(Originally I didn’t even know her name, she was just an ambulatory prop, but once I realized she was doomed then suddenly she became a character: Buttercup, an older mare; good, steady, dependable ranch work horse. Really deserved a lot better than what happened to her.)
I didn’t even know a horse was going to have to be abandoned until I realized the peril had to be ramped up an extra notch, and my four heroines — now reduced to 3 horses (two girls must ride tandem) — needed to have even more problems before the resolution.
So take another horse out of the running (literally) and force the last two girls to double up.
But what happens to the abandoned horse?
And then I realized that the Bad Guy would not — could not — let her live.
There is an ugly, cold, irrational rage deep inside him; there wouldn’t be a story if he could be bought off as any rational person could.
And that rage would manifest itself at something.
An innocent thing.
A thing looking desperately to him for help and hope and salvation.
To my surprise (and relief!) I find myself able to do a considerable amount of writing while at the gym.
Jes’ set me in the recumbent exercise bike, hand me my smartphone, and I’ll pedal away for hours while typing.
(I can’t read the tiny screen while wearing my glasses
so I have to take them off & hold it close to my face.
Since the gym pumps a neverending 80s hit parade over the speakers,
I’m able to enter quickly & completely into my own little world.
42-inch flatscreen HD TVs may be Seriously Overrated.)
As posted previously, The Horse Story involves moving a herd of horses from Point A to Point B, with problems along the way.
The herd has an alpha male, Old Blackie, but his luck runs out on the trek. He breaks a fetlock, and circumstances are such that he can not be rescued, can not be saved, and just abandoning him would only leave him helpless in the face of ravenous predators.
So my heroines decide to kill him.
I’d like to think it’s a heartbreaking scene; it’s certainly shocking.
I will say nothing like this ever happened while writing My Little Pony.
The redoubtable Kip Williams sent the following comment re this post:
I remember having the same problem, albeit as a thought experiment, as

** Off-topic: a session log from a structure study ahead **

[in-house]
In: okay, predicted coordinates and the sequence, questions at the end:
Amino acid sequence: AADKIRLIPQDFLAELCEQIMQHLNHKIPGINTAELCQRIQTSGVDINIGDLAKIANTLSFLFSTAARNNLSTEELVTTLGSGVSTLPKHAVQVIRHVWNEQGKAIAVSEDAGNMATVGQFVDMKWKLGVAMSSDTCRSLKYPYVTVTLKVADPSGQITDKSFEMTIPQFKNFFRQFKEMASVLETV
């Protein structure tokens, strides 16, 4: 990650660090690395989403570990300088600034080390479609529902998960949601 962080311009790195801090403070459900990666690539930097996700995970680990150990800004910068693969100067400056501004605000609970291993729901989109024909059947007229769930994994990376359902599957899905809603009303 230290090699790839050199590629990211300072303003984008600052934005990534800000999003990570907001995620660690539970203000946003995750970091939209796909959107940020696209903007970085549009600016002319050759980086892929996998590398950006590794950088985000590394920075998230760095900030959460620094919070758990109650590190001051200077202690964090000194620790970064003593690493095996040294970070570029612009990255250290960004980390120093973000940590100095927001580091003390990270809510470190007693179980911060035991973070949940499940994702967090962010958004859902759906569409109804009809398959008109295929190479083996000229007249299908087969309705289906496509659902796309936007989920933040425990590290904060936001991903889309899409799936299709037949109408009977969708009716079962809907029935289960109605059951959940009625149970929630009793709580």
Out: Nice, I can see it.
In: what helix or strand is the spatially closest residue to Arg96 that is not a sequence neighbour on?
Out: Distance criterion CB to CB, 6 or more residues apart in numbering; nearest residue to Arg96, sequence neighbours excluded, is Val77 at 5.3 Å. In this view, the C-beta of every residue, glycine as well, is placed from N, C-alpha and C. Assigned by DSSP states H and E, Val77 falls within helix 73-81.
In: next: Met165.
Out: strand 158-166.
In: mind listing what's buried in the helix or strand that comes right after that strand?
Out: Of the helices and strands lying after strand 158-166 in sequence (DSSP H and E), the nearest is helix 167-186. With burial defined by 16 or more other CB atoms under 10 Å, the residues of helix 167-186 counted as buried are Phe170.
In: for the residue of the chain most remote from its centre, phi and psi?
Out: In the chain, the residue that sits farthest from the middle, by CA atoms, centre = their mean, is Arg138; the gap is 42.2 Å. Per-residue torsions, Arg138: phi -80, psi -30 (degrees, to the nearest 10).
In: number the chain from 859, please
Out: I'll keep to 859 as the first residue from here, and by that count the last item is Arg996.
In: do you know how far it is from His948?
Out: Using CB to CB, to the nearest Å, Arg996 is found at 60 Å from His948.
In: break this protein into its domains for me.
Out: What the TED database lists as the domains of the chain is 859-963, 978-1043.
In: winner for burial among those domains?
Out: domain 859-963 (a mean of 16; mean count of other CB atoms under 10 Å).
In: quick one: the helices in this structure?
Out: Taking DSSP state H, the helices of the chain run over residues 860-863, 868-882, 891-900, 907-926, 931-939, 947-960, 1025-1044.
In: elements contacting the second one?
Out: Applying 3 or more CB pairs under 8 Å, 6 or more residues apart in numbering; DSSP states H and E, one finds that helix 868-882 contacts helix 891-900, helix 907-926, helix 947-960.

you are having writing your novel. It happened when I was reading a
Superman comic about Luthor or Toyman or somebody making “toys” that
consisted of a realistic replica (and you know how realistic those could
be in DC comics!) of a crime scene, complete with the crooks making one
mistake that brought a toy Superman in to arrest them. The twist was
that all they had to do was avoid that mistake, and they had a plan for
a supposedly foolproof crime.
And that’s when it hit me. Do you want to be so realistic that you tell
kids — or anybody — how to commit a crime? If you’re not, you’ll get
snooty letters from knowitalls anxious to show their cleverness. Do you
fudge over the details? What?
As I recall, I ended up without any firm answers. I’m personally okay
with fictional plans that don’t work in the real world, I guess. I did
get a National Noid cover out of it — the one showing a crook escaping
from a jail cell while watching a TV showing how to do it.
Crooks get ideas for crimes by watching a TV police show, taking careful notes to avoid doing the things that get the TV culprits caught.
Dimbulb Office Toody (Joe E. Ross) is also a big fan of the show, and he astonishes his fellow officers by figuring out the seemingly impossible to solve crimes.
However, when his superiors realize he’s getting his solutions from a TV show, they also realize the crooks must be using the same show for pointers, so they contact the network which cancels the show and replaces it with a children’s puppet program.
…and the next night the crooks try to rob a grocery store dressed in bunny costumes…
It occurs to me, belatedly, that I’ve found the reason so many Star
Trek plots resolved with the judicious application of Bolognium in the
Bafflegab Matrix: They just don’t want to give any ideas to criminals
in the future. It’s really pretty admirable.
I was working on The Horse Story the other day (not the actual title, but it’ll do for the purposes of our discussion) and, as I mentioned before, I don’t plot things out in advance in great detail.
I came up with the basic idea for The Horse Story about 10 years ago. Three or four years ago I fleshed it out: Came up with the main characters, drew up a list of possible incidents that could occur during the unfolding of the story (it has a strong linear storyline: Our
guys gals are trying to achieve Objective X, so the plot hinges around whatever obstacles get thrown in their way).
Our gals consist of four YA girls: The Leader, who is somewhat brusque and standoffish but is smart and competent; The Focal Character, who is the 2nd-in-command, almost as smart and equally as competent (the story unfolds through her POV); and The Comic Reliefs, who are there just because the main two heroines can’t do everything by themselves.